New April 2008

Download a free PDF of this publication (109KB). PDF help

Printer-friendly version of this page

Guidelines to reprint or copy

Order copies
GH6202, When a Child's Parent Is Incarcerated

  • Price: $0.50
  • Availability: 845

Contents

Related publications

Use our feedback form for questions or comments about GH6202.

Find publications

Search MU Extension publications.

ADA Accessibile AddThis Widget
MU Extension near you

When a Child's Parent Is Incarcerated

Tanja Rothrauff
Graduate student
Human Development and Family Studies
Reviewed by Megan Roodhouse
Human Development and Family Studies
and Brian Bowles
ParentLink

Should I tell my grandchildren that their parent is incarcerated?

This a personal decision, although the truth is best in most cases. You have three options: You can be very open with your grandchildren and the outside world; you can tell the grandchildren the truth, but keep it private from the outside world; or you can tell your grandchildren and the outside world a "story." Weigh the pros and cons of each option carefully before making a final decision. Here are a few things to consider:

  • When children do not know their parents' whereabouts, they often feel confused, anxious and stressed. Children are often present when their parent is arrested, so knowing where their parent is can help answer their questions, and relieve their concerns and uncertainty. They may feel that the parent left because they are no longer loved or valued. By being truthful, it allows you to reassure your grandchildren that they have not been abandoned. Children often blame themselves for their parent's incarceration, so tell them it is not their fault that their parent went to prison. Tell them that their parent is in prison because of a poor decision.
  • Lying about a parent's whereabouts may seem like a good solution, but this strategy often has negative outcomes. For example, many grandparents tell their grandchildren that the parent is attending school, working out of town, in the military or in the hospital. But children are smart and aware of their surroundings — they may find out that their parent is in prison. As a result, your grandchildren may no longer trust you and will withdraw from you. It is usually best to tell the truth. However, encouraging the child not to tell others may be appropriate in some cases. Your grandchild may be teased or humiliated by other children at school, and even school counselors and teachers do not always know how to provide adequate support to children whose parents are incarcerated.
  • If you decide to tell your grandchildren the truth, be prepared to explain why the parent is in prison. Children need to understand that illegal behavior carries consequences. However, there is no need to disclose all of the details of a particular crime to your young grandchildren. They will be satisfied with simple answers, such as "Dad hurt someone" or "Mom took drugs." Older children may ask for more specific answers.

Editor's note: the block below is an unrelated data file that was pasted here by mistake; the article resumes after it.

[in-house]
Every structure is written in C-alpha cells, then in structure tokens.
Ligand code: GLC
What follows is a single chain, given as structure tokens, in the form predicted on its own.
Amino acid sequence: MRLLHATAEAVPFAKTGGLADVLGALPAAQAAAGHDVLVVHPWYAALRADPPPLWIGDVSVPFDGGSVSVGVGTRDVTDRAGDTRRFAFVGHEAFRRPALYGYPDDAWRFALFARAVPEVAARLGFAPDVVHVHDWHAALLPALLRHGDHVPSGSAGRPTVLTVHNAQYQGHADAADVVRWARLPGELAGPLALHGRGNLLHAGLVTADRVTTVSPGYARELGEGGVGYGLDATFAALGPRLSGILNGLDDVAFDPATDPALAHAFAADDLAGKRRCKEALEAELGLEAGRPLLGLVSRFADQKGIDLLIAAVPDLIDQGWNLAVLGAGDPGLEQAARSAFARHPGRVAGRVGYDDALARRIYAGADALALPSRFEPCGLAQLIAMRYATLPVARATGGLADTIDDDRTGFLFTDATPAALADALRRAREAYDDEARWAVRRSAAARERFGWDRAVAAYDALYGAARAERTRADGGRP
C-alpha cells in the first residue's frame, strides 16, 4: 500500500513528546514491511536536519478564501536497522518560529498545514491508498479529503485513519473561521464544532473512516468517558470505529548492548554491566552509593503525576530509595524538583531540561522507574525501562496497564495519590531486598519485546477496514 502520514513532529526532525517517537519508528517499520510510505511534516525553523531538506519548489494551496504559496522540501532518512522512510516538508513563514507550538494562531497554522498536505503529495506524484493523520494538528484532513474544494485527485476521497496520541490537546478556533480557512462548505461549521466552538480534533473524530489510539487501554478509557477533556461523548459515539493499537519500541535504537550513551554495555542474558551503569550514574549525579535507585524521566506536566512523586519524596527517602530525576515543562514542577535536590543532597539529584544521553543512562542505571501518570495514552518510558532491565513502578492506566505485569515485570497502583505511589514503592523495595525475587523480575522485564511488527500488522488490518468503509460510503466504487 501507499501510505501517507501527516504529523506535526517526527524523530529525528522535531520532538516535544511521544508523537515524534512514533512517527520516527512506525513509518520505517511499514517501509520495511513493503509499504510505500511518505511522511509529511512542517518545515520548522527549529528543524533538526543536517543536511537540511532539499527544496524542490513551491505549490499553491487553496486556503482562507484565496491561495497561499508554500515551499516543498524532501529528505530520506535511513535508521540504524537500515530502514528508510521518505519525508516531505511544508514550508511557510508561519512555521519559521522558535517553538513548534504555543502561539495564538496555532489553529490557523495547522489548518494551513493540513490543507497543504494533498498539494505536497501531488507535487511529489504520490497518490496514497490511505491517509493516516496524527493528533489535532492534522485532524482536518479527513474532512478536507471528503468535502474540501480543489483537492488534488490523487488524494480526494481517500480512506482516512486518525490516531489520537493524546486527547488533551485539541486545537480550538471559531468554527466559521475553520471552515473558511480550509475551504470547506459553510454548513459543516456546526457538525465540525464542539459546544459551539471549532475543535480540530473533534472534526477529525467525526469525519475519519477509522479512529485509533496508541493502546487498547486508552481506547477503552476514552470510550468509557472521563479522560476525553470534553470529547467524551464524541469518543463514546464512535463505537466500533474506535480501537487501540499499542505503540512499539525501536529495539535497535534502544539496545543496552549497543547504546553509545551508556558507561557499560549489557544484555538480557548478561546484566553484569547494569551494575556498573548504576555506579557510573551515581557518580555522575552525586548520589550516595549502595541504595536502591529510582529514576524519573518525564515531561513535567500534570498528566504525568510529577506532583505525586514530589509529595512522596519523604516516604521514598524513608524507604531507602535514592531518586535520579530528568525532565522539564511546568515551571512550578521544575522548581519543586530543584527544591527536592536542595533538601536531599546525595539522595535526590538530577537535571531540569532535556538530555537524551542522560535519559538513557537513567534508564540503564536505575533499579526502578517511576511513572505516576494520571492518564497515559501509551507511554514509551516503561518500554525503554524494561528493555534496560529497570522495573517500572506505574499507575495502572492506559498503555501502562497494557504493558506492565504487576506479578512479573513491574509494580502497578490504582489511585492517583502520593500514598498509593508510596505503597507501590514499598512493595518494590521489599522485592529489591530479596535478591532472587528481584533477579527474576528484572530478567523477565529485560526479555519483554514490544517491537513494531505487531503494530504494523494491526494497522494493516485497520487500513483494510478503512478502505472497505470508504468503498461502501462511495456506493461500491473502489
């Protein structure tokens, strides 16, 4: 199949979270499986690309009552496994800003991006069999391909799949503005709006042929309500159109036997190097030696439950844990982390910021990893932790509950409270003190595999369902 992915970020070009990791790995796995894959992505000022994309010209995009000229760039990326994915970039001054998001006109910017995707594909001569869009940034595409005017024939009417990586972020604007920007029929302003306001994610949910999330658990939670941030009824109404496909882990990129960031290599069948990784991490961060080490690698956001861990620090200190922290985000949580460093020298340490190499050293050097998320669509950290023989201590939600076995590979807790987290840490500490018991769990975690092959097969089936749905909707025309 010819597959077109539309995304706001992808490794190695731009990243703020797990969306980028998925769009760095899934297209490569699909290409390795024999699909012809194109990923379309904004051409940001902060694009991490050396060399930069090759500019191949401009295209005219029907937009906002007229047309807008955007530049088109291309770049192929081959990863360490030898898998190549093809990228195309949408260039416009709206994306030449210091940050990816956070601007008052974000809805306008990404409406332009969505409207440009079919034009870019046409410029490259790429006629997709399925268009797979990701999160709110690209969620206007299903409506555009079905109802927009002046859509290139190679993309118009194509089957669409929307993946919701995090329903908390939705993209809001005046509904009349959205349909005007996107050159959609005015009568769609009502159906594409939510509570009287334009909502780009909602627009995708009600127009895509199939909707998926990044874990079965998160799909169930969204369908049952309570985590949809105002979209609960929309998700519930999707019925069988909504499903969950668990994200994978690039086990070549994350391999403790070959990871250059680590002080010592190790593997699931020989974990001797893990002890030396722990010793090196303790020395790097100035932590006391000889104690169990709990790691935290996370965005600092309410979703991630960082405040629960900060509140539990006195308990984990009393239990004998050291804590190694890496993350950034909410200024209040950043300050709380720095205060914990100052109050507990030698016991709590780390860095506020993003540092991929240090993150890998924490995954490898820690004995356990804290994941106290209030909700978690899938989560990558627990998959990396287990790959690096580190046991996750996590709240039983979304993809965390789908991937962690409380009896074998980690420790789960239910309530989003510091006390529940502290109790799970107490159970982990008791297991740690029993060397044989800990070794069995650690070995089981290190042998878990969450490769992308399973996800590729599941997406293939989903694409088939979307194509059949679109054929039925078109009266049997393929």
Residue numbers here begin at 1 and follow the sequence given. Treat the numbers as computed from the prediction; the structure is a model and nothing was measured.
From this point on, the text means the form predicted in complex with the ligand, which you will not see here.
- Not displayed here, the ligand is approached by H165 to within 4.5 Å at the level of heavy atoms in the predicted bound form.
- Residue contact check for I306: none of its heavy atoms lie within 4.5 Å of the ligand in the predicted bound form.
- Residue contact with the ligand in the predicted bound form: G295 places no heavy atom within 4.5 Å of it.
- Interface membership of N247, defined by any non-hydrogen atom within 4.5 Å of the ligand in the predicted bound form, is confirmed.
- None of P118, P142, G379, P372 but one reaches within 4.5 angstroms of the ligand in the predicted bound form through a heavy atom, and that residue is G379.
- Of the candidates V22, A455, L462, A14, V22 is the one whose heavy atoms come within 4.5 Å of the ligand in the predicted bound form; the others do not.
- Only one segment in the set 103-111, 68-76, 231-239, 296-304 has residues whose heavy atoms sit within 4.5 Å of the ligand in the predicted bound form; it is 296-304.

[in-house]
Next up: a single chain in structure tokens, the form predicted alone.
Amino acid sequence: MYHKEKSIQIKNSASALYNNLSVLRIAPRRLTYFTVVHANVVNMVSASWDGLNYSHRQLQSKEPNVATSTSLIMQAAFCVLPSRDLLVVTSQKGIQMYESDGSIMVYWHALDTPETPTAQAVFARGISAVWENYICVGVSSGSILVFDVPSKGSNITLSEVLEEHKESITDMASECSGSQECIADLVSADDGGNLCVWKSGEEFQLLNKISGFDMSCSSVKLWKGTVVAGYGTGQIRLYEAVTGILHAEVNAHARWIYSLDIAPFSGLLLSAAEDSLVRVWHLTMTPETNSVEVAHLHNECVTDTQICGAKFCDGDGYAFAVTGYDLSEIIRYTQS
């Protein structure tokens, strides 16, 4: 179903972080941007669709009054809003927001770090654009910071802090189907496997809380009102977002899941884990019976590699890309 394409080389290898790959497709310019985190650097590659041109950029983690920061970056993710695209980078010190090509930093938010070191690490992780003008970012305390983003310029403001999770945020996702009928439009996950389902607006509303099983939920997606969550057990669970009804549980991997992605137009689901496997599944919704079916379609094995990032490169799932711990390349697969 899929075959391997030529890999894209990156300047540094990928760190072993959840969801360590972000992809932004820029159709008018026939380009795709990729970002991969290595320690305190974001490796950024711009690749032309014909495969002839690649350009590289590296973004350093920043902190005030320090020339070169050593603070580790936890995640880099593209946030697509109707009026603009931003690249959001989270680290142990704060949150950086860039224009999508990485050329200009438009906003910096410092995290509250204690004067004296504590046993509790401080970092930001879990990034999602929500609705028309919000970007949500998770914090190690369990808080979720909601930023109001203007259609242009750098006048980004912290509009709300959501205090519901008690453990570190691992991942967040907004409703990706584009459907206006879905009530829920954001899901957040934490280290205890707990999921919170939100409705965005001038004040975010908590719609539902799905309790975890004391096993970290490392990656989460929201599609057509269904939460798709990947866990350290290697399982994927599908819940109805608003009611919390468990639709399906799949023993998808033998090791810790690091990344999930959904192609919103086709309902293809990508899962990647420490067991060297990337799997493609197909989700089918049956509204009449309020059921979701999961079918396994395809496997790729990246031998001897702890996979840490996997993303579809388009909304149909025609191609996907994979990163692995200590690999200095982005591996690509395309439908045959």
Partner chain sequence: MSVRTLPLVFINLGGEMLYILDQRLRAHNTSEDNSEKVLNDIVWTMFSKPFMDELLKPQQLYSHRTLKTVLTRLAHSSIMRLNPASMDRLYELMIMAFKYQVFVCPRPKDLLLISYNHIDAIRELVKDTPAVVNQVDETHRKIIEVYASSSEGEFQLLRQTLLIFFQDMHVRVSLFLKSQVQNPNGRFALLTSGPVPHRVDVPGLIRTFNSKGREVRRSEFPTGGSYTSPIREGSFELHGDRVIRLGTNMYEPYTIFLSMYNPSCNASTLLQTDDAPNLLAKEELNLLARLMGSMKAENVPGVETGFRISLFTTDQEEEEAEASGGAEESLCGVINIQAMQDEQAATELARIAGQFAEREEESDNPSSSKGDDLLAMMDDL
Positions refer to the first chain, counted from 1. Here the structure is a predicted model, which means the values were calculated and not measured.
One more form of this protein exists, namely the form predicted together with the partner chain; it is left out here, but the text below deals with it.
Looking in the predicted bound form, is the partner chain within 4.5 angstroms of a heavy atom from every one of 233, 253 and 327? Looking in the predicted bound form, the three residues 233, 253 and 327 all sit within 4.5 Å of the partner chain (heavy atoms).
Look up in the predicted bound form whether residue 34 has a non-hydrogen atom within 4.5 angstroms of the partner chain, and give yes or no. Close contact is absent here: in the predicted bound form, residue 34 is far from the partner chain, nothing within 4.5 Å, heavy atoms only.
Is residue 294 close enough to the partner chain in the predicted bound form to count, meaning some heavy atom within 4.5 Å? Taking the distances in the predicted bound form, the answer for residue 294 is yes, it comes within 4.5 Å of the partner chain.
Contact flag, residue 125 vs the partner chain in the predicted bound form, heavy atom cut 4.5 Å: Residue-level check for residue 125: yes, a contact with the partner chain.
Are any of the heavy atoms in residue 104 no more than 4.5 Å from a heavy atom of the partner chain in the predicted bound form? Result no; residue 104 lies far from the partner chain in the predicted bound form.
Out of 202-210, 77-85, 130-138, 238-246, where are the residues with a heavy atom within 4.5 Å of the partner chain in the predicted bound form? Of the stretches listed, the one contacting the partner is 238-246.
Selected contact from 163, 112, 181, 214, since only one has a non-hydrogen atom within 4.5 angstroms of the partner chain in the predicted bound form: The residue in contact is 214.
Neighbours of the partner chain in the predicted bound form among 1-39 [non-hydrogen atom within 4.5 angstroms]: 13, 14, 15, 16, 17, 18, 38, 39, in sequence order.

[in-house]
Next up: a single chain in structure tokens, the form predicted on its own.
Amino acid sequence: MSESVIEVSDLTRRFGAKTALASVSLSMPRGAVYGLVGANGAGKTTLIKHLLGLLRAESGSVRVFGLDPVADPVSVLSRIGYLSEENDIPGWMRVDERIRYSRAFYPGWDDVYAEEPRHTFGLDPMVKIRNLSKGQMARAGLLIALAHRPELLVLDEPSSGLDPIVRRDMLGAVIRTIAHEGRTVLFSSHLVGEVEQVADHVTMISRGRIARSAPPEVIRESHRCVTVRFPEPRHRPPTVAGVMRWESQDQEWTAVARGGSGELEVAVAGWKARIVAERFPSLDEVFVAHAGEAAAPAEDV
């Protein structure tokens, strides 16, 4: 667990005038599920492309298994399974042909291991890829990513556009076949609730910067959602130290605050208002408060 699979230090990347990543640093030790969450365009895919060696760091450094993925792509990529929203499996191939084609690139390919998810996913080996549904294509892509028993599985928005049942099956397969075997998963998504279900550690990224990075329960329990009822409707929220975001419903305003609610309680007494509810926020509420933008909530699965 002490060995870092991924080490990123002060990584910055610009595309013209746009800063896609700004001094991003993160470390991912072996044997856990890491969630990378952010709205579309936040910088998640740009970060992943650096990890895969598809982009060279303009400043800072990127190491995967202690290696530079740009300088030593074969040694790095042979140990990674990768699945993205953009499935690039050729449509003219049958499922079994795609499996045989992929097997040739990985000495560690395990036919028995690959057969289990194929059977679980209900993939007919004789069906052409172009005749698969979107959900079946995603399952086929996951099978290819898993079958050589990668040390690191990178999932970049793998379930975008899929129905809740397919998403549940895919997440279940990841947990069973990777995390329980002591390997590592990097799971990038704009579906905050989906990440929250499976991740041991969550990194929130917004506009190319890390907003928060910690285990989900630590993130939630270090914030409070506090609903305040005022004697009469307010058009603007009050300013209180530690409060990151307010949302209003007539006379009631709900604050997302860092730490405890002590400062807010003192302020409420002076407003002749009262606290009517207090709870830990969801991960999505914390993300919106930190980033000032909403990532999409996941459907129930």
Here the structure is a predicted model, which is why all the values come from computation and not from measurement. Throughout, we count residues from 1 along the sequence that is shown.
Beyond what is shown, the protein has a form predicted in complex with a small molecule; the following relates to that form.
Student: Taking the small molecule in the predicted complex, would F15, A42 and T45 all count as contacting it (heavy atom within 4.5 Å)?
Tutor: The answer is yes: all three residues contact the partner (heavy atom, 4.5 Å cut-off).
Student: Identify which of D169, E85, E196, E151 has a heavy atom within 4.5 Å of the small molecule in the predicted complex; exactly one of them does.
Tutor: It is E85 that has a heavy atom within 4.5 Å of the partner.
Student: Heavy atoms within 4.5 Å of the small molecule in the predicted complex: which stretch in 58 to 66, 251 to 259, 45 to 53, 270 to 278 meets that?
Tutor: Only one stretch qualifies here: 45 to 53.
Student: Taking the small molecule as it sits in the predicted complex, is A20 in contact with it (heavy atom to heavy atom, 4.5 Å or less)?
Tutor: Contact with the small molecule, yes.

• Tell your grandchildren the truth if they ask when their parent will come home, even if the answer is "I don't know." In many cases, the prison sentence is a specific amount. Reassure your grandchildren that their parent is safe in prison. You will add to their distress by telling them about the possible hardships in prison. Your grandchildren mainly need to be reassured that they are safe, loved and not to blame for their parent's incarceration.

Should I encourage my grandchildren to visit their parent in prison?

This depends on the children's ages and the relationship they had with their parent prior to incarceration. For many children, it is difficult to deal with their complex feelings about their parent's incarceration. While children may want to visit or talk to their parent, they also may be too upset, angry or scared to see their parent in prison. Encourage your grandchildren to share their feelings. Let them know that mixed feelings are normal and that they are entitled to feel angry, scared and upset.

Visiting prison also depends on your financial resources, the prison's policy, the prison's proximity to your home and the parent's preference. If possible, most grandchildren benefit from visiting their parent. Children will feel better knowing that their parent is okay and still loves them. However, it is also emotionally difficult to see a parent in prison.

If you do visit, it's normal to feel worried about sharing stories from everyday life. In most cases, it is best to share experiences and talk about prison as well as the outside world. Children may want to talk about school, difficulties and teachers. They may also want to write down questions or stories prior to the visit so they do not forget anything they want to discuss. You can also encourage the parent to write letters and stay in contact with the child.

Is it healthy for my grandchildren to maintain a relationship with their incarcerated parent?